When Taking Back Sunday announced guitarist Fred Mascherino would be leaving at the end of 2007, it was an all too familiar position for fans. The band, which has recorded consecutive albums with the same members only once throughout its 10-year career, would be going through yet another lineup change. It’s only fitting, then, that the group’s latest incarnation is titled New Again.
“It was kind of an obvious theme that kept presenting itself while we were writing and rehearsing the record,” says guitarist Matt Fazzi, who was selected to replace Mascherino last May. “There was a lot of personal change that was going on for all of us. For me, it was going from a struggling musician to a great opportunity in Taking Back Sunday to live my dream and play music for a living.”
For the rest of the band – vocalist Adam Lazzara, guitarist Eddie Reyes, bassist Matt Rubano and drummer Mark O’Connell – Fazzi provided the breath of fresh air it had been searching for.
“We tried to wipe the slate clean and eliminate any walls about what Taking Back Sunday should sound like,” explains Fazzi. “This time around we really wanted to smash all that, start from scratch and really try anything.”
That included continuing down the hard rock path found on 2006’s major label debut, Louder Now, as well as toning down its signature dual vocal deliveries.
“It was kind of more of a thing where the producer, David [Kahne], was wanting to make Adam more of vocal point. So we tried to construct backing vocals that were a little more supportive of one main voice,” says Fazzi, although he hints the band might return to the dual vocal thing on the next record.
Meanwhile, Taking Back Sunday presented another kind of challenge for Fazzi. Originally from the progressive band Facing New York, he hoped to mix a different style into the band’s traditional format.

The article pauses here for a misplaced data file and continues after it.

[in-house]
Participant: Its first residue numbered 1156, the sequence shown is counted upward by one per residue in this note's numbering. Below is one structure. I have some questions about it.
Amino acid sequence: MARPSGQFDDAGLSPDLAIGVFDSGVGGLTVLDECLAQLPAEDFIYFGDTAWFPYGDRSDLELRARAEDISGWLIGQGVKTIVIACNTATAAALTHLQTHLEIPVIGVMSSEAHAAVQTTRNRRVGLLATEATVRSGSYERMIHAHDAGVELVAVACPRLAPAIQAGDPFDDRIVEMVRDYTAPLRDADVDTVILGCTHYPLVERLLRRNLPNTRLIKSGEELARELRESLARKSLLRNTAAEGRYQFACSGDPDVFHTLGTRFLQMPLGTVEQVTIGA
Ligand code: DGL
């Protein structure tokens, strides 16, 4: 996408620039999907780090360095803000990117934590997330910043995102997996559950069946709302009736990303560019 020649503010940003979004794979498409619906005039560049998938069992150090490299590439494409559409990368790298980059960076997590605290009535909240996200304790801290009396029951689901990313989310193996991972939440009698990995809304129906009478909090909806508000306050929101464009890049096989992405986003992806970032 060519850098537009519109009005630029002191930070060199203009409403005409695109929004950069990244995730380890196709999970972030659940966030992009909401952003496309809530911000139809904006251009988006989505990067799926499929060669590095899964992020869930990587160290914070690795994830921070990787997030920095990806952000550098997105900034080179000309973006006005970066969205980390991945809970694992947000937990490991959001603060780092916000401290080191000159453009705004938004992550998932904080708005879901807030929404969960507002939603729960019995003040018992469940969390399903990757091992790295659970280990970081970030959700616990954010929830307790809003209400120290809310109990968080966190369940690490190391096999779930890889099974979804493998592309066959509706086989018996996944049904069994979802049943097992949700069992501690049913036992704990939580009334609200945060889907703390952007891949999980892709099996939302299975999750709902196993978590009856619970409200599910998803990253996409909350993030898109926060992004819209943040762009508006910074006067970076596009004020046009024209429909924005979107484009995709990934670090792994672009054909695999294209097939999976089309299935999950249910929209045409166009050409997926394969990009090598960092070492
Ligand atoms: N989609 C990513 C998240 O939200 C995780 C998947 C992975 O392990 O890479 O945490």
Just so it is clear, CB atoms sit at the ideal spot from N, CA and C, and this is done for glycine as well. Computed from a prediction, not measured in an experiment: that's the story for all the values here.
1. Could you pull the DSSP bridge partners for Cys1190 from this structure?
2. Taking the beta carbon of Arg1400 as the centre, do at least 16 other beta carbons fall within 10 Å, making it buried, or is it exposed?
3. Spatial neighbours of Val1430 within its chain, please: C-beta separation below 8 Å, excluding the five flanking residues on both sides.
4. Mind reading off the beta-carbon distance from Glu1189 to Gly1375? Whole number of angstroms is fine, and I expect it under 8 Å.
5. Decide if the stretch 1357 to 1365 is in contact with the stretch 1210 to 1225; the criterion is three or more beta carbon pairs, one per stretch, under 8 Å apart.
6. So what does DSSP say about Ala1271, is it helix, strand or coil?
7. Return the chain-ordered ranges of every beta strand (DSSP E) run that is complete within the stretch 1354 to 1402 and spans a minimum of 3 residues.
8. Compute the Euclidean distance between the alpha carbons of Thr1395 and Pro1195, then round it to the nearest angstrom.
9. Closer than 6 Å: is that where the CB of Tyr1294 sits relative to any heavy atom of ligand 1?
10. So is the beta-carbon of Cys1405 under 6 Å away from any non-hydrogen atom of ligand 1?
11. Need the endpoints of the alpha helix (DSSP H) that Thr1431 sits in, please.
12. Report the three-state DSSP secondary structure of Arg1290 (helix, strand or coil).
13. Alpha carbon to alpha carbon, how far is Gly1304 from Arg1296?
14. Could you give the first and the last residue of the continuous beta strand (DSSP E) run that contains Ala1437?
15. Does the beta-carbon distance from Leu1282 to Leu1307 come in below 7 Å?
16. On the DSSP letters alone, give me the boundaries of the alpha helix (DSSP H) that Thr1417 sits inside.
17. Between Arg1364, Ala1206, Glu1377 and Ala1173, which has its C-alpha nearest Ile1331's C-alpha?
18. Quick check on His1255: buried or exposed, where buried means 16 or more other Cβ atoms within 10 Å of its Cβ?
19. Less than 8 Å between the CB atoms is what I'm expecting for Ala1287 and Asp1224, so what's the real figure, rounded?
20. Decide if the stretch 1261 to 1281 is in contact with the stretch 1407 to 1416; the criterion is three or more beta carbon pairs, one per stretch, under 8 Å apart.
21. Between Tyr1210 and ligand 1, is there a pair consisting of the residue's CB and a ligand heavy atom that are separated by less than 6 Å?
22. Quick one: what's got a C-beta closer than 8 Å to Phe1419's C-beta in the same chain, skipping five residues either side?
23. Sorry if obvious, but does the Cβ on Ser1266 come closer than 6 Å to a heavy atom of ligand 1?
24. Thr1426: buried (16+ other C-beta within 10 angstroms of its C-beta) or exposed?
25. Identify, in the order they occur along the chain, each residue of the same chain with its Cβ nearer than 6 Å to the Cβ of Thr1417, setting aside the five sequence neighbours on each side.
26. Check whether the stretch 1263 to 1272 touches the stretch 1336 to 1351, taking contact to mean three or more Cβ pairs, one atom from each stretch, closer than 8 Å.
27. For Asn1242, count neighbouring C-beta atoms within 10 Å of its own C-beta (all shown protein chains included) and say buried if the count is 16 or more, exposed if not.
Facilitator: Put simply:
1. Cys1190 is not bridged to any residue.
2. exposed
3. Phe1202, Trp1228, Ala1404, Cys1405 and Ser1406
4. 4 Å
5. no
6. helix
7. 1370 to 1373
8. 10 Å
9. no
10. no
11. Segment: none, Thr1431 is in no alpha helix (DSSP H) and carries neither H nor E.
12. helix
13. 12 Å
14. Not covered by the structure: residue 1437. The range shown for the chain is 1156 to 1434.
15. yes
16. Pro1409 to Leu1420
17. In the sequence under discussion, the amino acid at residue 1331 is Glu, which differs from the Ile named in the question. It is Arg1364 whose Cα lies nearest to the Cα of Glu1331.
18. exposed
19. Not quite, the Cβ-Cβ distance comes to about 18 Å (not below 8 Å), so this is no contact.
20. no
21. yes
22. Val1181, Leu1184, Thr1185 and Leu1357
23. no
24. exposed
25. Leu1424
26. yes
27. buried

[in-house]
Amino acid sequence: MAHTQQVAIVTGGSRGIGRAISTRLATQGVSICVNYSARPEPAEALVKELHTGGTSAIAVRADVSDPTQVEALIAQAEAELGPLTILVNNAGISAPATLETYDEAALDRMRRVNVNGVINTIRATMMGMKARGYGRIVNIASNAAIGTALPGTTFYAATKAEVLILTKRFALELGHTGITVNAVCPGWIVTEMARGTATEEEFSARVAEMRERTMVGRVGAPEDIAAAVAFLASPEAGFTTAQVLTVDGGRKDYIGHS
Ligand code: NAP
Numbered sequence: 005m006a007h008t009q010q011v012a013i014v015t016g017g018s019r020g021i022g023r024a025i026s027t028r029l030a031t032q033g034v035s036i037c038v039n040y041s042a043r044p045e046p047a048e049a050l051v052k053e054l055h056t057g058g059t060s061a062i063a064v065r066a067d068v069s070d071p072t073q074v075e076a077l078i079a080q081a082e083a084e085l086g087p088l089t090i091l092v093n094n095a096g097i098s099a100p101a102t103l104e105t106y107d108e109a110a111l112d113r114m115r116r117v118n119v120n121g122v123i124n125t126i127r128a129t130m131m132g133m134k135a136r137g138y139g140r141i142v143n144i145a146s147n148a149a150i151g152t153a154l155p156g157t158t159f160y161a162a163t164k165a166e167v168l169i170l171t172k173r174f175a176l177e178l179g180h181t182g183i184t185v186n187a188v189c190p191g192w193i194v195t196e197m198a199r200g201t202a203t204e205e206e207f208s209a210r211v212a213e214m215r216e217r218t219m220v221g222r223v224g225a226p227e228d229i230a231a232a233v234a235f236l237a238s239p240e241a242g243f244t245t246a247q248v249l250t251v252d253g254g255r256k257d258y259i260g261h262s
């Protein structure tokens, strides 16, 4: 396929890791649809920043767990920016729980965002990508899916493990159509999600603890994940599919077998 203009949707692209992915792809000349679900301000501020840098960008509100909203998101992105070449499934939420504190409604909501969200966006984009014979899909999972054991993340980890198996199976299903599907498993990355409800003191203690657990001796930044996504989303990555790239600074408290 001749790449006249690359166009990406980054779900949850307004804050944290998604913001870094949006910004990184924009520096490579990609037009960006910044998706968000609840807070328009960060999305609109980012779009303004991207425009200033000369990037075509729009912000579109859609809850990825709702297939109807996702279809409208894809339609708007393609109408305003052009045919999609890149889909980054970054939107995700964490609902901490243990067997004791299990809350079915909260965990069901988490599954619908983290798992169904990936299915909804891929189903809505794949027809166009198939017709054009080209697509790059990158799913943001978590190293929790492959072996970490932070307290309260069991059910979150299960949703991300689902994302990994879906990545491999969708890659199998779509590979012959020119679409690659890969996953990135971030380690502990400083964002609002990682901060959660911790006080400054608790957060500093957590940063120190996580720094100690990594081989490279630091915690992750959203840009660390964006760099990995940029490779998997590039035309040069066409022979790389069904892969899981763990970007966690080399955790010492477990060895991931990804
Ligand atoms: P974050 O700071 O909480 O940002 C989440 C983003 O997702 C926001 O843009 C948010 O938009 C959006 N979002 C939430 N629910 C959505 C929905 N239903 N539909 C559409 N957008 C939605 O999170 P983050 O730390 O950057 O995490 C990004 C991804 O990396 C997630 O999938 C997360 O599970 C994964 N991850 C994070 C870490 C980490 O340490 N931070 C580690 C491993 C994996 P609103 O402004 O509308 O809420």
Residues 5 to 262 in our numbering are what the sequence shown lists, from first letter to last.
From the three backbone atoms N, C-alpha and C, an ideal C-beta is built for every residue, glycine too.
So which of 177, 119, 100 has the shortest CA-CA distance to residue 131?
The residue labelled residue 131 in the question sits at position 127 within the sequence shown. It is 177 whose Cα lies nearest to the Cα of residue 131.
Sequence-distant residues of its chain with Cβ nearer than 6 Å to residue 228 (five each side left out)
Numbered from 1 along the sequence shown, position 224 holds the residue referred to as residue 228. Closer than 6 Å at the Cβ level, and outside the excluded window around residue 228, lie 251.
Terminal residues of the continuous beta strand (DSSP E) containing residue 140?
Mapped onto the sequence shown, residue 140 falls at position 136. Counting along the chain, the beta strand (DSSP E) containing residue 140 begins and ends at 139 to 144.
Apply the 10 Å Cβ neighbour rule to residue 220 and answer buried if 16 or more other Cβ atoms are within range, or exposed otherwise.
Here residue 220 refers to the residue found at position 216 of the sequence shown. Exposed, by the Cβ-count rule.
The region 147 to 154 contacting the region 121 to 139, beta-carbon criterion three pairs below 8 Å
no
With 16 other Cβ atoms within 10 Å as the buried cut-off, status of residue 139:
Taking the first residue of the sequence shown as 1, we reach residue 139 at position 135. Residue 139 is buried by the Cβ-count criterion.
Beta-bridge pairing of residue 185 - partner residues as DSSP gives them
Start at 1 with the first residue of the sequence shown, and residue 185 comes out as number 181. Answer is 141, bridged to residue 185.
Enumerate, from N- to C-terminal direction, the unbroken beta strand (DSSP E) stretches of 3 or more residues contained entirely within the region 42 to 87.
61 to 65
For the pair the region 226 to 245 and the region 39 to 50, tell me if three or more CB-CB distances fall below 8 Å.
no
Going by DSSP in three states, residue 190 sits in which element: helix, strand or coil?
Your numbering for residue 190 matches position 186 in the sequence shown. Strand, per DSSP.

“I knew that we couldn’t go out and make like a Mars Volta prog record or anything like that, but I wanted to definitely bring some of that, like a little bit more of a thinking-outside-the-box sort of thing, to all the songs.”
However, the well-liked Mascherino left some pretty big shoes to fill, who himself had replaced the popular John Nolan years prior. Fazzi confesses there was some pressure in the beginning, but it didn’t take too long to win fans over.
“The way that the fans took to me, everybody was really positive about it, that the pressure kind of disappeared really quickly,” says Fazzi. “I tried not to be too scared about all the expectation. At the end of the day, you just got to be you. You got to be good and handle business and hope that people are down.”
Fazzi also hit if right off with his new band mates, whom he originally met on Warped Tour in 2004.
“We’d been pals for a while and stuff but joining the band was a different thing. I really didn’t know what to expect,” Fazzi admits. “I was really surprised and stoked to find out there was absolutely no ego within the band. Everyone was just normal.”
Fazzi’s life now, though, is far from normal.
“My life changed joining this band. This is a whole new thing for me,” he points out. “That’s why the record’s important. It’s the first time I’ve ever written music for a record that’s going to be out and available on such a large scale. It’s a dream, dude. As Piebald says, ‘We have the best job ever.’”
Originally appeared in Campus Circle